Brother, can you spare an online dime? Bitcoin was created in 2009, and since then has been joined by a host of competing digital cryptocurrencies © Chris Ratcliffe/Bloomberg

There are hundreds, if not thousands, of digital currencies but only a few have significant support. Most so-called alt coins are likely to remain niche instruments. Many who put cash into them are speculators who hope wider take-up will send their investments soaring. But digital currencies have now caught the attention of financial institutions and central bankers. Here are some of the popular digital coins that are currently available.


The first digital currency to gain widespread adoption has the highest market value at about $11bn. Since its creation in 2009, bitcoin has demonstrated that the algorithms driving it are robust. However, it will be forever tainted in the eyes of many because of its use by criminals on dark-net sites and its association with scandals in which customers’ bitcoin were stolen from hacked exchanges. It runs on an open-source protocol that operates across a network of users’ computers. But its flaws are preventing it from being more widely adopted so it can become a means of payment as big as MasterCard or Visa.
Market value: $11bn. Price per coin: $687.41


The second-biggest digital currency is ether, an open-source, decentralised currency running on the Ethereum blockchain. The Ethereum project takes virtual currencies further than bitcoin, by developing new applications on the underlying technology. One innovation is exchanging ether using legally binding contracts stored on its blockchain, the distributed ledger infrastructure on which it operates. Companies such as IBM, Microsoft and Samsung have experimented with Ethereum’s protocol.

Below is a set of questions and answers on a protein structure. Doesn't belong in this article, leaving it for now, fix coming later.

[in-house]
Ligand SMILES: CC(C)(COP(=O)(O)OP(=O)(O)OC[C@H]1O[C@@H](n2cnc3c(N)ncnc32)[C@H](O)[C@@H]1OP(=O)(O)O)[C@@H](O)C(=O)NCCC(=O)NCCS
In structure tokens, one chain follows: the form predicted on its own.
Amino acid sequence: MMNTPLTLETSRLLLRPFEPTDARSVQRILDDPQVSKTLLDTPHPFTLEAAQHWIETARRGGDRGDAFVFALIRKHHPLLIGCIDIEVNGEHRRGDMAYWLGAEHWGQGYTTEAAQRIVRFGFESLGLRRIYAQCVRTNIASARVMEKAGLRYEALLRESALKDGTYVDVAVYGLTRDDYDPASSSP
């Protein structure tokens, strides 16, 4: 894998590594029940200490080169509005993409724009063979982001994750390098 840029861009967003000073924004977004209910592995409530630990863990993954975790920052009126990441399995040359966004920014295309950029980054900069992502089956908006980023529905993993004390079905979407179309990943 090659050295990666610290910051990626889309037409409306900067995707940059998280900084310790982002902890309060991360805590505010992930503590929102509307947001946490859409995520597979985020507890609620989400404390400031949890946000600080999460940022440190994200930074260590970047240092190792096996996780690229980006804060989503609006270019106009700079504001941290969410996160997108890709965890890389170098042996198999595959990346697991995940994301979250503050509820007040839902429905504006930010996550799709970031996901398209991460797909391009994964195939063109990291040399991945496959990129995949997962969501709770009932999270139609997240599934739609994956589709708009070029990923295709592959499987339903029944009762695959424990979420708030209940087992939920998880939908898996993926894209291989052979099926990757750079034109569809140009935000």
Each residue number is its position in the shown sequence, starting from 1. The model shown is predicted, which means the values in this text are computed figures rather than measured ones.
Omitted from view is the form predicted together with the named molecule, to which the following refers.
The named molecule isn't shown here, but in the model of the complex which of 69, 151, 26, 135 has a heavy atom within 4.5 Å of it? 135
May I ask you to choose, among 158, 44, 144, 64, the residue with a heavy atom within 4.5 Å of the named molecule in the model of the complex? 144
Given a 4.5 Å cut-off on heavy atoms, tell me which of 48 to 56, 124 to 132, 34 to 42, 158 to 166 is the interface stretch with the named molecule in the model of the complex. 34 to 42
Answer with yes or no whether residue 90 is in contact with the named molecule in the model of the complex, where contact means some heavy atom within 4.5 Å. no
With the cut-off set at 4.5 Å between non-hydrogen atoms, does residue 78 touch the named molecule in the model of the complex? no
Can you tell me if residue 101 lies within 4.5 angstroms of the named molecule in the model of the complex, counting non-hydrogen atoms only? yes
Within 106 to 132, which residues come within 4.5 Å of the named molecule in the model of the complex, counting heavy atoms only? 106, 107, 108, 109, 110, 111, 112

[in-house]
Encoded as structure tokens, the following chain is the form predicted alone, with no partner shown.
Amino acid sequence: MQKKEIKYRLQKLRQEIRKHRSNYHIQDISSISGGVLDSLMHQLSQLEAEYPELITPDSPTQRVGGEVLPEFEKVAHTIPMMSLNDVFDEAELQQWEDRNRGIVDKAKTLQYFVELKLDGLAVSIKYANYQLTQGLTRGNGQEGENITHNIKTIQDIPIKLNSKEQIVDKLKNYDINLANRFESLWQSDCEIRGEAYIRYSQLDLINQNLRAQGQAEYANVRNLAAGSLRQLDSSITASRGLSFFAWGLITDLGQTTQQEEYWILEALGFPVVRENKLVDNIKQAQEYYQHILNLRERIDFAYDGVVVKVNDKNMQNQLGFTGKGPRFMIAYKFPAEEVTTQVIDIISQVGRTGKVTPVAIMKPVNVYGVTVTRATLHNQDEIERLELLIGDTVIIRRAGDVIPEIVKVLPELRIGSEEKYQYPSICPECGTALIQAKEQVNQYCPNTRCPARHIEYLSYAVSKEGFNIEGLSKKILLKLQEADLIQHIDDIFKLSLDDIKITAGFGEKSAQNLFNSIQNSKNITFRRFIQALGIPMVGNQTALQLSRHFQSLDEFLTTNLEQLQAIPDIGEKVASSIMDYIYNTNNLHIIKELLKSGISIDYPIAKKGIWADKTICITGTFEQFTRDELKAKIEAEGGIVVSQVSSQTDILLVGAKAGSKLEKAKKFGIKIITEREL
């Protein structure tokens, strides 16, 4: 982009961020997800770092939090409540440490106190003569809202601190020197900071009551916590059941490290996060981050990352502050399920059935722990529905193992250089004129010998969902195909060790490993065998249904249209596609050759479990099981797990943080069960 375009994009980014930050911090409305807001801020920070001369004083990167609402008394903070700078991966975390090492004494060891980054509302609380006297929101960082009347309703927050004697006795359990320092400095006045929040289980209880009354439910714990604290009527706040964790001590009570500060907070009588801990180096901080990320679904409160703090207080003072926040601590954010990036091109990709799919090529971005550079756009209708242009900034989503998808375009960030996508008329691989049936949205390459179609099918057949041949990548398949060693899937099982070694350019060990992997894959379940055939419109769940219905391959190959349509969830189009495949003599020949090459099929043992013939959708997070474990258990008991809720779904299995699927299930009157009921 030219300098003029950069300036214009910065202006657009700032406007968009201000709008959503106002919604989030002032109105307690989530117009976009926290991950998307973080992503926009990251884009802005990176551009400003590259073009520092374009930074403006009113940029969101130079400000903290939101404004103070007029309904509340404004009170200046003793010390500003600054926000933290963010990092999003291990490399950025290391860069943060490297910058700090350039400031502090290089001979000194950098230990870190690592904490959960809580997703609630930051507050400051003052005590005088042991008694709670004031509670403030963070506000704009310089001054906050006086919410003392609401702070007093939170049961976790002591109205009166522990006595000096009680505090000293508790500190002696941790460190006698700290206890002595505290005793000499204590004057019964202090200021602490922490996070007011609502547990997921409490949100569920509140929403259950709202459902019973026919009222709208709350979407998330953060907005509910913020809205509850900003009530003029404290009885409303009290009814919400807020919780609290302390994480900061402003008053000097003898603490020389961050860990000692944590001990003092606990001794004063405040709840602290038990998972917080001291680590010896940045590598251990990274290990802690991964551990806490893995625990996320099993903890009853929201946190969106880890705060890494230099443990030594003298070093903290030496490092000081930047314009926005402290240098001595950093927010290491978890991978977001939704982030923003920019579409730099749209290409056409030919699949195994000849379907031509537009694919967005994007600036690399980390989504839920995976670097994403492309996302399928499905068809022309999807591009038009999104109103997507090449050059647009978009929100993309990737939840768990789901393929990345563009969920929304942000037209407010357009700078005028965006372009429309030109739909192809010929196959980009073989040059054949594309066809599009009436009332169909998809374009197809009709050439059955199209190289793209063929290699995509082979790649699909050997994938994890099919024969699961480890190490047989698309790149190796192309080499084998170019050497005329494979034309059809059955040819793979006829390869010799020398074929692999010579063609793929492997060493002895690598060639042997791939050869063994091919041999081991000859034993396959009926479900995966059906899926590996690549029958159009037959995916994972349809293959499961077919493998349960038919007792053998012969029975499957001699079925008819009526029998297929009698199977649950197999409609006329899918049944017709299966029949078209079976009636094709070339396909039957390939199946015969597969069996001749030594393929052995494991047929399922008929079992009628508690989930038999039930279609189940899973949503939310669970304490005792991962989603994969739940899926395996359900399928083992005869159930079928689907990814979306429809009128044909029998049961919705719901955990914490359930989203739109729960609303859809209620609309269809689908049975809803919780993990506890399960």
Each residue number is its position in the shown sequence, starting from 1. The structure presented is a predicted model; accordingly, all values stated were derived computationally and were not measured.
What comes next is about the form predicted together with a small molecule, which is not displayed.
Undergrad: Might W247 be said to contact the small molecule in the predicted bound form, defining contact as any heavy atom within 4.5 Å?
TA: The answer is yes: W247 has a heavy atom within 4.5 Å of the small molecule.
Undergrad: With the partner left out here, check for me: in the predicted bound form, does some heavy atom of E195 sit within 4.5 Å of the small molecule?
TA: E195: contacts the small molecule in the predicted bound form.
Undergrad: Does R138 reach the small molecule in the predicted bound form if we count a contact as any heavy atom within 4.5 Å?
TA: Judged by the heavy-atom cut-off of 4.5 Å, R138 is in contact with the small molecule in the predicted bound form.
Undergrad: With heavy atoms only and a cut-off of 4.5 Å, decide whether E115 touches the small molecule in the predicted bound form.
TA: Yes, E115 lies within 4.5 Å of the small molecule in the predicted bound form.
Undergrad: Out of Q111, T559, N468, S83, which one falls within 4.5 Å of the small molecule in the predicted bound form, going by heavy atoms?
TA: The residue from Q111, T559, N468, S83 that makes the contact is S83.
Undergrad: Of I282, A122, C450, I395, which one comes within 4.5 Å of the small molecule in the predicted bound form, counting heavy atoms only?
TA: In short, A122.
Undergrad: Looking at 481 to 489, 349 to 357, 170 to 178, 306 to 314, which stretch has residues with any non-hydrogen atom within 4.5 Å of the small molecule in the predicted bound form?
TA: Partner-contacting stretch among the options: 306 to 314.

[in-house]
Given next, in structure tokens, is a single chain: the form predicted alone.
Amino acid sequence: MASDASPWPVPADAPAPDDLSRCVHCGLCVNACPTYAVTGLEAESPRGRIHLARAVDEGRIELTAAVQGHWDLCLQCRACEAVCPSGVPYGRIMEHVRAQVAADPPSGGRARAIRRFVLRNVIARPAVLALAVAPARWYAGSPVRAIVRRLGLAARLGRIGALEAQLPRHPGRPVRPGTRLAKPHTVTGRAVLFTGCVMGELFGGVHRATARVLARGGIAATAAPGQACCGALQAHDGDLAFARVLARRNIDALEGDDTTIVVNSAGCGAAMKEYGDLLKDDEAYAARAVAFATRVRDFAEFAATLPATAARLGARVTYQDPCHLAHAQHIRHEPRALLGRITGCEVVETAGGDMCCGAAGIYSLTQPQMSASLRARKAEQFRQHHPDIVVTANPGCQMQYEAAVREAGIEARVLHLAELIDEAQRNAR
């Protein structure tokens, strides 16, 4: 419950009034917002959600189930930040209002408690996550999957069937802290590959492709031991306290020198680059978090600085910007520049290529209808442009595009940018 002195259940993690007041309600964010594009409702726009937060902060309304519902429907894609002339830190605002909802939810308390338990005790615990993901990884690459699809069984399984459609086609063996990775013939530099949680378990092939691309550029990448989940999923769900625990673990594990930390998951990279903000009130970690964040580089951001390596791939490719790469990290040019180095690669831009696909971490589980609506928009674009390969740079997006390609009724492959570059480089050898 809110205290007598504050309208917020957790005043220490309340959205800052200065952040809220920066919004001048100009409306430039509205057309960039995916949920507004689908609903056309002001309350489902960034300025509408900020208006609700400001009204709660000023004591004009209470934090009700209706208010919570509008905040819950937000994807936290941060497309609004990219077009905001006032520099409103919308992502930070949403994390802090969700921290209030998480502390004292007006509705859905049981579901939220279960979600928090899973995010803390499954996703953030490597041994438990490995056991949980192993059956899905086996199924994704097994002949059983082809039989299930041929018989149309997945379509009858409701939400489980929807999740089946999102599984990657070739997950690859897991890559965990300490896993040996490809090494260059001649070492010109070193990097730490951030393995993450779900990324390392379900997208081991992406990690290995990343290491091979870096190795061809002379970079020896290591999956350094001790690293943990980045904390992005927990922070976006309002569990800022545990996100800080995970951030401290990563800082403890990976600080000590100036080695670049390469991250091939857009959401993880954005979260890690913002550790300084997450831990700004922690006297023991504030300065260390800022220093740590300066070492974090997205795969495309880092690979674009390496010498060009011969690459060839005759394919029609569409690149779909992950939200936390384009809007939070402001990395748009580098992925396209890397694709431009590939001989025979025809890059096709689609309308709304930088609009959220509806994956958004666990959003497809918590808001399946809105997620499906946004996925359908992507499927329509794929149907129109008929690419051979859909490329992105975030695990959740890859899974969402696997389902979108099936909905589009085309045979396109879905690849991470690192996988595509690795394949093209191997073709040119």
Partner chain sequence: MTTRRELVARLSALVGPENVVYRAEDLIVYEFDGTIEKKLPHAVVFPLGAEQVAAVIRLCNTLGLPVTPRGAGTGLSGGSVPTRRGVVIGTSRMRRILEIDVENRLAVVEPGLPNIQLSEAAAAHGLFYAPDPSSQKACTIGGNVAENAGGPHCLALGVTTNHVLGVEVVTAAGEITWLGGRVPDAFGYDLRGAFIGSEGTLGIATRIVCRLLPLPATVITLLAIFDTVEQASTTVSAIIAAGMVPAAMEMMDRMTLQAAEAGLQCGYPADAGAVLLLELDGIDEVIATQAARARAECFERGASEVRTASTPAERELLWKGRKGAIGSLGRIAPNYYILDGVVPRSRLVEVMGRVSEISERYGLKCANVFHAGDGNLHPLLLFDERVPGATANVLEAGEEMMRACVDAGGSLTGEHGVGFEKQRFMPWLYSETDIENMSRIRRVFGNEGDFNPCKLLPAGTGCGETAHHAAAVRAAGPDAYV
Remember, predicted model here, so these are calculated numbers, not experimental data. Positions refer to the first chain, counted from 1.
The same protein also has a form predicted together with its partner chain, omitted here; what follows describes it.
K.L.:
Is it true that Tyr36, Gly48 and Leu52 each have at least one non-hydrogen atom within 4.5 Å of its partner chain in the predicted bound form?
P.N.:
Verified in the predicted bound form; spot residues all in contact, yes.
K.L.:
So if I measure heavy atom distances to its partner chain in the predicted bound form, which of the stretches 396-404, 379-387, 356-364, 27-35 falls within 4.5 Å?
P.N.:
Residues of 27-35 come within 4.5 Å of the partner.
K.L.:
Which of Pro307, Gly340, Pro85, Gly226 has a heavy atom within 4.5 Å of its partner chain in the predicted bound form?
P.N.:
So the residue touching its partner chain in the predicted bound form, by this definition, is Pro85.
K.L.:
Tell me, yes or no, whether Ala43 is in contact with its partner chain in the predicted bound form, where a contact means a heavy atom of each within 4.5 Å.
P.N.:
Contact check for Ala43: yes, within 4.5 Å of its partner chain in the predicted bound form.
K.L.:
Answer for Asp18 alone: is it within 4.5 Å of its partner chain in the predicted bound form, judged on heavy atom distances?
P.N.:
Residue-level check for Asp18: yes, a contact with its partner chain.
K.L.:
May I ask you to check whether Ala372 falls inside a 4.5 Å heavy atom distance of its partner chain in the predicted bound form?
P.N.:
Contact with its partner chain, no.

Market value: $1bn. Price per coin: $11.26

Ethereum Classic

This cryptocurrency came into being in 2016, when the creators of Ethereum decided to split Ethereum’s blockchain after a hacker stole millions of dollars in customers’ deposits. But this move outraged many who believed a core principle of blockchain — that it was tamper-proof — had been violated by its founders in an effort to protect depositors’ funds. They stuck with the original chain, however, so although Ethereum and Ethereum Classic were once in fact the same algorithm, the two have since become separate currencies despite sharing a similar name.
Market value: $84m. Price per coin: $0.98


Ripple is working with banks including Santander and UBS to develop the infrastructure to allow financial companies to make payments to each other across borders, a core aim of the sector. It aims to be faster and cost less than the infrastructure banks use. It would offer services in competition with existing providers such as Swift, which provides secure financial messaging products.
Market value: $298m. Price per coin: $0.008376


Originally named Darkcoin, this currency began to gain popularity in 2015 by vaunting its privacy benefits. Dash’s network operates in much the same way as bitcoin does, but it is designed to add an extra layer to transactions, mixing them up so it is difficult to link the buyer and seller.
Market value: $65m. Price per coin: $9.49


If bitcoin is gold, Litecoin is silver. That was the principle stated by its founder, a former software engineer at Google. Although it was inspired by bitcoin, it was designed to offer an edge over its rival in that its network can handle more transactions more quickly.
Market value: $193m. Price per coin $4.01

Figures correct at time of publication

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